This post about “Life Unbolted,” Patrick Detscher’s new book, can’t really be called a review……more of a “riff.” How do you objectively discuss your good friend’s “baby,” one you knew before a single word hit the page? You don’t, but you do share its arrival with your friends, joyfully. Among people to whom this book will appeal:
Those Who Are Interested in the Realities of the Appalachian Trail
I have known enough people who hiked the Appalachian Trail as well as read enough books (including A Walk in the Woods) to know that choosing a trek along the trail, whether three days or three years, is not what the uninitiated would think. There is the fact of the beauty and the communion with nature. In addition, however, it is dirty, it has a subculture, it is a place where you need a lot more than a decent pair of hiking shoes and a backpack. As an AT hiker, you spend a lot of time dealing with your own waste. Patrick, in his unique view of the world, shares observations such as: Looking down upon these mountains of fecal material [in trail privies] is an experience in itself. Seeing that the top was perfectly pointed led me to wonder, how did the last person who used this achieve such symmetrical perfection……the size and scope …. amazed me.
Reading Life Unbolted prior to an outing on the Appalachian Trail would help me become a much more prepared hiker (but I draw the line at poo symmetry).
The Realities of the New Economy
Much of the impetus for Pat’s choice to “pull the trigger called adventure” and embark on the Appalachian Trail adventure (among other life changes he made in 2009) was the challenges facing the US economy. He had worked for corporate America. After that position ended, he began exploring his interest in environmental policy and the “Entity-Specific Power model” (Chapter 19 – I can’t explain it well!). That led to a run for public office, a dissolution of his marriage, a reunion with a high school love, and a changed spiritual outlook. In Pat’s words, the national economic situation in the spring of 2009 led to an environment in which “a complete lack of work became the dreaded norm. Since the damage was done, I became determined to follow what I feel is some of the finest advice one person can offer to another: make yourself better.” For Patrick, the road to “better” involved wandering. A lot of wandering. Fortunately for us readers, the wandering is documented in this book.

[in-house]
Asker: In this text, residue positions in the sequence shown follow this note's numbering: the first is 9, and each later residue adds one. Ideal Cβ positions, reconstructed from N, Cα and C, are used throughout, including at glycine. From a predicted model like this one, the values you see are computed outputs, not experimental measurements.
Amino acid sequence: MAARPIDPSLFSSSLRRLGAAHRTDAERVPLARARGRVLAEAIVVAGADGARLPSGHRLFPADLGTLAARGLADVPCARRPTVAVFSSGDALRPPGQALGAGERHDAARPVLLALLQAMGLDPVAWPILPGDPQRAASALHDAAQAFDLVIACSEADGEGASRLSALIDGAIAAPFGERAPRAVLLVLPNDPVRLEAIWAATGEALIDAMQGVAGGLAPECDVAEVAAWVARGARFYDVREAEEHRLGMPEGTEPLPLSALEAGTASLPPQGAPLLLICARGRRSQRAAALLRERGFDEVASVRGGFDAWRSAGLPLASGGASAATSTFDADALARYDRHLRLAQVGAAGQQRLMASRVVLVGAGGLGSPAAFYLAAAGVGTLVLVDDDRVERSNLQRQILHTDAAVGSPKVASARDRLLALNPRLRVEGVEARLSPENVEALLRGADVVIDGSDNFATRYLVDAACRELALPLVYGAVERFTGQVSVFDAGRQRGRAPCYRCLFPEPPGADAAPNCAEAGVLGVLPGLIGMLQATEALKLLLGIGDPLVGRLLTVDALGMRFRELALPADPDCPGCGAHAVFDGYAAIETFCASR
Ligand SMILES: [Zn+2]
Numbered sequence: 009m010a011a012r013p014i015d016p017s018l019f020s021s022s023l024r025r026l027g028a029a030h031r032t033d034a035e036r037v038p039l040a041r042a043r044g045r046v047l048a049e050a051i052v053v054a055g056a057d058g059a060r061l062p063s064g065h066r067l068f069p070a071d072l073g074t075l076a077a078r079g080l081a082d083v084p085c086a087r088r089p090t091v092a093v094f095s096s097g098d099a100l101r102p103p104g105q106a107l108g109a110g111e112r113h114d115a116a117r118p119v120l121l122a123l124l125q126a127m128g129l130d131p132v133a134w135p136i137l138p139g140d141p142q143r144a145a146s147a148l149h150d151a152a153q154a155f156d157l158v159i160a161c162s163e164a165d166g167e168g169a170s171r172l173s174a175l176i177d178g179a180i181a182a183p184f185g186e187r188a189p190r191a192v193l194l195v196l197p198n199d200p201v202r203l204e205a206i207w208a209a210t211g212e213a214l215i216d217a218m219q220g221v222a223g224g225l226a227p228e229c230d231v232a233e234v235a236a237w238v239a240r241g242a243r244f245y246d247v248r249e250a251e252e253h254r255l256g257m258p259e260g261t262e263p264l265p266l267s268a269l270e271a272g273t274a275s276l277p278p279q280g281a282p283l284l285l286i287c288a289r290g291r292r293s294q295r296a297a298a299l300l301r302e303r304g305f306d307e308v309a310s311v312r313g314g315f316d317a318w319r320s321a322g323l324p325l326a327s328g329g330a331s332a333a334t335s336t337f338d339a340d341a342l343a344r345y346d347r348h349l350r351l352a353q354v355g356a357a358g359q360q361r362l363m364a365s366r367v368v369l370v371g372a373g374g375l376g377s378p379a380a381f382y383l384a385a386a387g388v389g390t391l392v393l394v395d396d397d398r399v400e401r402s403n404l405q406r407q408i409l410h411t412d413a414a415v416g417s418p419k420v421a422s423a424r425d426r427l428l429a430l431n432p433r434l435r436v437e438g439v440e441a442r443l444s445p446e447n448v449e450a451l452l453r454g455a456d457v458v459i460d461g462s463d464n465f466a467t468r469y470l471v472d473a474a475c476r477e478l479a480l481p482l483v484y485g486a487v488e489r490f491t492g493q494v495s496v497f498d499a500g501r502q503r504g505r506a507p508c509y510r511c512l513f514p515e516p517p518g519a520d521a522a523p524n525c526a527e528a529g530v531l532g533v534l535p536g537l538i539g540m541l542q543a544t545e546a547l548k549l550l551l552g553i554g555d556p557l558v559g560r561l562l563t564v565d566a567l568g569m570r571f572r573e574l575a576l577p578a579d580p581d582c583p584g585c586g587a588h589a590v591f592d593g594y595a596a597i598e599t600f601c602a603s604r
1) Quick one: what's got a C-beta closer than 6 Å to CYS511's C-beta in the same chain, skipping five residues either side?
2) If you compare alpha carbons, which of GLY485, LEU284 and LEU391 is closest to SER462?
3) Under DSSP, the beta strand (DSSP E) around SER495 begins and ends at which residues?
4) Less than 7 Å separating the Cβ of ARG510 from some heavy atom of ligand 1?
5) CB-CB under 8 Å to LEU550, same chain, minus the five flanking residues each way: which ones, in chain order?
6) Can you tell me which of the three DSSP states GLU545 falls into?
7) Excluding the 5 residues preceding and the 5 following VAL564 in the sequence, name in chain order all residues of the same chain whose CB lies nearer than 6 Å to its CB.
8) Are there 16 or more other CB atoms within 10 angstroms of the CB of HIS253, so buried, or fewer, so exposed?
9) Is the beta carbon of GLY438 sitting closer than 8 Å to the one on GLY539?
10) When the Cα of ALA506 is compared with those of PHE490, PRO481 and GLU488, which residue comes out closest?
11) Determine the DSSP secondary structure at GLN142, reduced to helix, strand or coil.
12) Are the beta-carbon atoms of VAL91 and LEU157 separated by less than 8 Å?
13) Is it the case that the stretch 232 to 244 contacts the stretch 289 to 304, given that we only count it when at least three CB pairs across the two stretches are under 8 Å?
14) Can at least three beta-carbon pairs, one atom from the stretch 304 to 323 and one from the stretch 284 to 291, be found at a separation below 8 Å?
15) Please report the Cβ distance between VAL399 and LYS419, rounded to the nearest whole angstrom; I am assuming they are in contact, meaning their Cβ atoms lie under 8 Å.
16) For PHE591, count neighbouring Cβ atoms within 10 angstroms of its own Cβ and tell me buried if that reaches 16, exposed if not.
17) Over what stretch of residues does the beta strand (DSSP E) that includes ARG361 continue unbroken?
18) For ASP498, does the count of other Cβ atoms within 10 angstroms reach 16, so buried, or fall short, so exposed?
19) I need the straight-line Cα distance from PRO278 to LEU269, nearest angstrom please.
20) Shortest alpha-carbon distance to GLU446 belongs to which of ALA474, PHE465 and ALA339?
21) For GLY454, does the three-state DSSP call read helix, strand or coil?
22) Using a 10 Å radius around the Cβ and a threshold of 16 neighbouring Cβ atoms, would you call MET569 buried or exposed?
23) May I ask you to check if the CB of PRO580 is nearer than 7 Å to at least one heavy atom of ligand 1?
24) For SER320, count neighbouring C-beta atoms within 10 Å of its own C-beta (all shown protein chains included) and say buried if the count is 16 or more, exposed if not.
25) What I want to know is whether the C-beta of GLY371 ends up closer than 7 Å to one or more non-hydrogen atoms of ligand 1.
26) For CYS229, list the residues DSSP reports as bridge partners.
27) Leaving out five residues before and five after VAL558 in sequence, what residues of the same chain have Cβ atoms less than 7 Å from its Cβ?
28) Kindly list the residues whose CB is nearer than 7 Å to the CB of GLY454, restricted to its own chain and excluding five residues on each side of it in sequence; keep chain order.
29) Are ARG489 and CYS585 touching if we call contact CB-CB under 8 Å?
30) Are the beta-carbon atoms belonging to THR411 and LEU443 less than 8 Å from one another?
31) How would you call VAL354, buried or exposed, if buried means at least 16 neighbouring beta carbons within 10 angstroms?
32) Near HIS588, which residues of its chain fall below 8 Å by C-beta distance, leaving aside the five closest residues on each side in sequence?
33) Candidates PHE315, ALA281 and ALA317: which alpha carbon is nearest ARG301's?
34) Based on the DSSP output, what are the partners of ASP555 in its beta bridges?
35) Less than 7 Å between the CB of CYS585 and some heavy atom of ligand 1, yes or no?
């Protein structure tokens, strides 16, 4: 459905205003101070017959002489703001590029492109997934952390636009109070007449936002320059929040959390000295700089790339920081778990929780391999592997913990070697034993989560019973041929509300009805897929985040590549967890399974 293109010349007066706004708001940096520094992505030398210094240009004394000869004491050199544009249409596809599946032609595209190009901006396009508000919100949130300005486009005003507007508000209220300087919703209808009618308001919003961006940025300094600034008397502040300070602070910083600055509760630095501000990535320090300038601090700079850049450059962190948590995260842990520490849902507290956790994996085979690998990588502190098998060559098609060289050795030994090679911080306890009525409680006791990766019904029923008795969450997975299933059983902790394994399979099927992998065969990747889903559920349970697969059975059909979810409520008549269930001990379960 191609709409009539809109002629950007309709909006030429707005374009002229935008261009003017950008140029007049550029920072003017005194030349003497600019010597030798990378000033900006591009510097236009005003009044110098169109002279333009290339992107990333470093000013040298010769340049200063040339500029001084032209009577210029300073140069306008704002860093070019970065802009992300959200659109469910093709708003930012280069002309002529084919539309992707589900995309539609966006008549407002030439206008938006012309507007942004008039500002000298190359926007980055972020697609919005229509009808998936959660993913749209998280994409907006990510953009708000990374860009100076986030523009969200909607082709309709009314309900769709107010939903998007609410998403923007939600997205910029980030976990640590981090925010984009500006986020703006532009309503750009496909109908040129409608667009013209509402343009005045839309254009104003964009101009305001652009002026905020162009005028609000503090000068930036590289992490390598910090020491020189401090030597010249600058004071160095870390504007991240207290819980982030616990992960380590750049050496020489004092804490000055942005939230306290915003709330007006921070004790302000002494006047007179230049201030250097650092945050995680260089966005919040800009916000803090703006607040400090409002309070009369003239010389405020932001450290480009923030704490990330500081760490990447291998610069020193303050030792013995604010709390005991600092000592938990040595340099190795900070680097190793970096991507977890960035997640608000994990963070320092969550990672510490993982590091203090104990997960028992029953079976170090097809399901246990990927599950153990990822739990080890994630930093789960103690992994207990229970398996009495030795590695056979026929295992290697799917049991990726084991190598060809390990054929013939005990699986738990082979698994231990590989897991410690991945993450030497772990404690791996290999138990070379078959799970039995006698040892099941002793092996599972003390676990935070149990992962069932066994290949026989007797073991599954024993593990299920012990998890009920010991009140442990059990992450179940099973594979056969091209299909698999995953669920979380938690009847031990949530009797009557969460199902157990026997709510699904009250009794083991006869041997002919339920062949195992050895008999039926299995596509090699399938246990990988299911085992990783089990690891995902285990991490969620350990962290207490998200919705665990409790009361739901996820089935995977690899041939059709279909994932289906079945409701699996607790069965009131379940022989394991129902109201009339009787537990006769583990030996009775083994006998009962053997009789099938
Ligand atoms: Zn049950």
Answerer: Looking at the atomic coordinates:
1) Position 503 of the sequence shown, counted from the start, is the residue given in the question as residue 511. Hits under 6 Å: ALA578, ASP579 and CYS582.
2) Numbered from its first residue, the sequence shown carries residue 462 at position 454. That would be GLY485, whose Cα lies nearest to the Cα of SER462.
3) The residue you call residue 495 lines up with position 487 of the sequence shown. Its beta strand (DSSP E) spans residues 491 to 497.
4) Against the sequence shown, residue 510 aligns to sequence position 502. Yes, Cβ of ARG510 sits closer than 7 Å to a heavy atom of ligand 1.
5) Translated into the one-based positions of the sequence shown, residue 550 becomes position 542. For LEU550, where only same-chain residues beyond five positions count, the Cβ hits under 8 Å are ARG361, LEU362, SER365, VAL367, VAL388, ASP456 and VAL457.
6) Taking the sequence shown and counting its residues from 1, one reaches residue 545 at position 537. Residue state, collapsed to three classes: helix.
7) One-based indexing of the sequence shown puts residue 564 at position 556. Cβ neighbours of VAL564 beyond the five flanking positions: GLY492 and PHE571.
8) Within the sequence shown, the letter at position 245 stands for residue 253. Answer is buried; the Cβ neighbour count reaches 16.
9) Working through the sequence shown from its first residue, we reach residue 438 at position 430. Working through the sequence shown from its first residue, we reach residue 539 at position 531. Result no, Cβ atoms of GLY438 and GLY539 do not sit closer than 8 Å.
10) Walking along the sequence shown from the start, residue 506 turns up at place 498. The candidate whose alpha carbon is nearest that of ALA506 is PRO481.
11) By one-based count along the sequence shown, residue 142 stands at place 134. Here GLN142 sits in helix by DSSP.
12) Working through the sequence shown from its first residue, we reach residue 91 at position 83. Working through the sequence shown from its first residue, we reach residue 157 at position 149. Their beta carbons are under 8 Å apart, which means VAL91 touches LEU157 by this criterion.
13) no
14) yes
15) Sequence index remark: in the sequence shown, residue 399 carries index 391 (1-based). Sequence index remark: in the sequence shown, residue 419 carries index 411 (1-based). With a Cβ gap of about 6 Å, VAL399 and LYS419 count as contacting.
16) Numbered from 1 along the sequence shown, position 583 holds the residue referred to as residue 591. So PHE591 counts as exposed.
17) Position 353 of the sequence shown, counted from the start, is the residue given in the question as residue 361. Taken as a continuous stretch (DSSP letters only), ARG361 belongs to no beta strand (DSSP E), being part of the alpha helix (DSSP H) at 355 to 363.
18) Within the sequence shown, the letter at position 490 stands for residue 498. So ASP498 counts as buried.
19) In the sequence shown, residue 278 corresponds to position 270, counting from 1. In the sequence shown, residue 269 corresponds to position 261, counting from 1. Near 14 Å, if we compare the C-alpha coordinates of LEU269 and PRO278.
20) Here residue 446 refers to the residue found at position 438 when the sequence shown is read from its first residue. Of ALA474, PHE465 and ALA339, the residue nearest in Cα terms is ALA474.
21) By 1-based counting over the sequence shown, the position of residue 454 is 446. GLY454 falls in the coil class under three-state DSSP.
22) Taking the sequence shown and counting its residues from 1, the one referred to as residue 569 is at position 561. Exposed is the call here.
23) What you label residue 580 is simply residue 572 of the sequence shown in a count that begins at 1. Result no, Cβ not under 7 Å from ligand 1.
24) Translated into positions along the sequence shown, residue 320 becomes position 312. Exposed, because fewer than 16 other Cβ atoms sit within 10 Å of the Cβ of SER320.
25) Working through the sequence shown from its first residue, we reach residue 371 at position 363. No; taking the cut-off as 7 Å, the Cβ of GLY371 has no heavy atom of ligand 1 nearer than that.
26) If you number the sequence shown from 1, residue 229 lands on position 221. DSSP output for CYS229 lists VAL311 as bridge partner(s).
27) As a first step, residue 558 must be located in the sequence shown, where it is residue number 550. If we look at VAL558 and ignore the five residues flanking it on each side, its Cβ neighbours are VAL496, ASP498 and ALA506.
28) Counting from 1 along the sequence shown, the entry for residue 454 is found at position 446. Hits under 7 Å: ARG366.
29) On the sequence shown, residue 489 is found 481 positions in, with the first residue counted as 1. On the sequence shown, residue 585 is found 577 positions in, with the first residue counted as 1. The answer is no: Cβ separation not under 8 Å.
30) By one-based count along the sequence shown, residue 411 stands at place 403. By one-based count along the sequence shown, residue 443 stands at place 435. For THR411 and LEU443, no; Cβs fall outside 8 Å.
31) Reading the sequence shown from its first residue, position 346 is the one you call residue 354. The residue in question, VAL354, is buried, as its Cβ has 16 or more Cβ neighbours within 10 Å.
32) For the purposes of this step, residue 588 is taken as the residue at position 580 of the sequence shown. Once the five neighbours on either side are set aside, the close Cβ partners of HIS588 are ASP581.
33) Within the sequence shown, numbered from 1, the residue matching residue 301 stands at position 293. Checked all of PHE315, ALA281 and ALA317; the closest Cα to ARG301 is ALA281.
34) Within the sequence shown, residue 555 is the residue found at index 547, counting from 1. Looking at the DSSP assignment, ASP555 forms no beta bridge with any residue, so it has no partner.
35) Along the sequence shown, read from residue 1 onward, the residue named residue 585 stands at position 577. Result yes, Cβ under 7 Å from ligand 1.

The Realities of What It Takes to Get “Unstuck”
I was listening to a radio interview today with musician Alan Doyle. In the interview, he discussed how when you are in your 40s, there are more divorces than marriages; more funerals than christenings — it’s an “in between” time. I count Patrick’s ex-wife, “Nicola” (not her real name) as a dear friend and admittedly it was shocking and sad for me as a friend of each to see their marriage end. Having seen each of them heal and move on, each in very different ways, I appreciate the insight this book gave me that deepened my understanding of Patrick’s choice to “unbolt” his life, literally, and find his way by “wandering.” As Robin, an important individual to this book, says on page 176, “he’s wired a bit differently from most men I’ve known.” I am not sure any route other than the Appalachian Trail and nights spent in his hammock in the trees over New York’s Central Park would have gotten him to the spiritual center he sought after so many blows.
I would be remiss if I didn’t mention running. As a discipline, running gave Patrick an essential outlet (he decided to train to qualify to participate in the New York Millrose Games after a 35-year absence.) Patrick has always been unfailingly supportive of my running, and although he is a speedy sprinter and I am a back-of-the-pack distance-lover, we always enjoyed being at intervals together.
Should you read this book? If you are interested in hiking our national trails, specifically the Appalachian, and are open to unconventional ways of thinking as well as quite candid language, grab it!
If you a prudish about discussions of male and female body parts, I still recommend the book but am glad to give you a page-by-page guide of sections you might want to skip. I respect the fact that these discussions are not for everyone.
There’s no one like Patrick. I don’t agree with all of his ideas about how to change our nation’s use of its natural resources (I actually don’t understand them all). However, I do agree with his friend “Moe,” who said “We often admit faith only after the other man goes first.”
Patrick is one of those people willing to “go first.” As a friend, I have learned not to discount the “out there” thinking and hubris that sometimes come with that mindset. “Life Unbolted” gives you a window into that mindset. As a reader, I found the reading experience a lot like the Appalachian Trail experience must be — each page showed me something different; even revisiting the SAME page sometimes led to a different conclusion.
Life Unbolted is available in paperback and Kindle via Amazon. Click here for ordering information.